Twilight Imperium – Easily the most complex and complicated game of this list, and maybe one of the more complicated games in general that I have ever played – but when I get the hang of the nuance and depth that is Twilight Imperium, it quickly became one of my absolute favorite board games to play. This game is essentially a Star Wars space opera on steroids in board game form – as a player, you take on the role of an entire alien (or not so alien) race in a fictional galaxy, and the other players/races in the game are vying for galactic domination whether through wealth and commerce, diplomacy and political control, by brute force, or maybe by a combination of the three, until one player is strong enough to become the new “galactic emperor” (queue the Unlimited Power meme!). Now, when I say this game is complex, I mean this game is complex. The setup and explanation of the rules of the game took well over an hour the first time I played it, and even then it took a playthrough to get my bearings. But after that, it truly was one of the coolest gaming experiences I’ve ever had – each race has its own unique perks, abilities, ships, combat units, etc, and every single game can be approached from a completely different way depending on the race you choose, how you play, how the dice roll, etc. The game is truly massive in scope, combining aspects of standard tabletop RPGs with games like Risk to create something truly special – keep in mind, though, that if you plan to get your hands on this game, get ready for a somewhat steep learning curve, and very long play sessions – some games have lasted upwards of six hours! But trust me when I say it’s well worth it!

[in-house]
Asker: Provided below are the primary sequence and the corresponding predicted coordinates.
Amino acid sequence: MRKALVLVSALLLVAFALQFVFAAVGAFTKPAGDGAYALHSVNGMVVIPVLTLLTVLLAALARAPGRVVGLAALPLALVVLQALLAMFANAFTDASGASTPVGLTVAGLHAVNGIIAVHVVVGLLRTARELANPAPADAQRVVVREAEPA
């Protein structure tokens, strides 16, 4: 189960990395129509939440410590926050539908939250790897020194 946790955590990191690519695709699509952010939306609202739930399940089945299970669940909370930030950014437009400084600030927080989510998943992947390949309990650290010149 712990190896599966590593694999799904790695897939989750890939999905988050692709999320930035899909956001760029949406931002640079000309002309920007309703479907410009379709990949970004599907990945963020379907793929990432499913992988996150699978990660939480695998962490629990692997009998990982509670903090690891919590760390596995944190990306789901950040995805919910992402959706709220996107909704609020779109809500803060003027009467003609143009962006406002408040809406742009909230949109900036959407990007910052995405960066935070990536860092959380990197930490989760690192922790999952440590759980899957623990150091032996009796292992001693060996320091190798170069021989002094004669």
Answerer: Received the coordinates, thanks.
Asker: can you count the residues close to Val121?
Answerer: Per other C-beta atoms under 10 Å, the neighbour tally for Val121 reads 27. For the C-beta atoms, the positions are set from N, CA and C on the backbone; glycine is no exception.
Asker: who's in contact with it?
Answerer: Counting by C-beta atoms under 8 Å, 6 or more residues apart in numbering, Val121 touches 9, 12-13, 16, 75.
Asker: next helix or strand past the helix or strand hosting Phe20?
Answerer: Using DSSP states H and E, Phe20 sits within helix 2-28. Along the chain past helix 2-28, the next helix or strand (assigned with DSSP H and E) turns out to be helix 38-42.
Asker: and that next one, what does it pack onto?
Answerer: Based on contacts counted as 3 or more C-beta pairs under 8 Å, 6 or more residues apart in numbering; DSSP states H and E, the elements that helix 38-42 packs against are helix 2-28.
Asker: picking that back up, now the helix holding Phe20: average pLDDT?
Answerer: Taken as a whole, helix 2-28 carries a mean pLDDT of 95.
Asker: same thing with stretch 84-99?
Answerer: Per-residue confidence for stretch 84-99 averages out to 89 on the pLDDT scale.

Betrayal at House on the Hill – The only real spooky scary game on the list, Betrayal at House on the Hill quickly became my go-to board game to play with friends and family, not only because it’s a super rad board game, but because it’s relatively easy to jump into and play due to how the gameplay works, and how so much of it is cooperative. The game starts with everyone selecting their character, with each character boasting their own unique allotment of physical (speed and might) stats and mental (sanity and knowledge) stats. You then explore through a procedurally generated haunted house that uses a tile system – exploring a new room has you pulling from a stack of board tiles that you place at the door you’re entering, and the vast majority of the rooms trigger some sort of event that influences the flow of the game. At a certain point, and only once certain conditions are met, a “haunt” happens, which changes the entire direction of the game, which starts as a friendly co-op game with friends exploring a haunted house, and can end with one (or more!) of your so-called friends actually being a traitor with their own motives. There are 50-100 different variations of the “haunt” (50 with the base game, 100 with the volume 2 expansion) that are different based on what room you just explored, and what “omen” card was read last. The game is incredibly fun, with massive replayability, and has become my absolute must-play game when I’m in the mood for a fun RPG board game experience.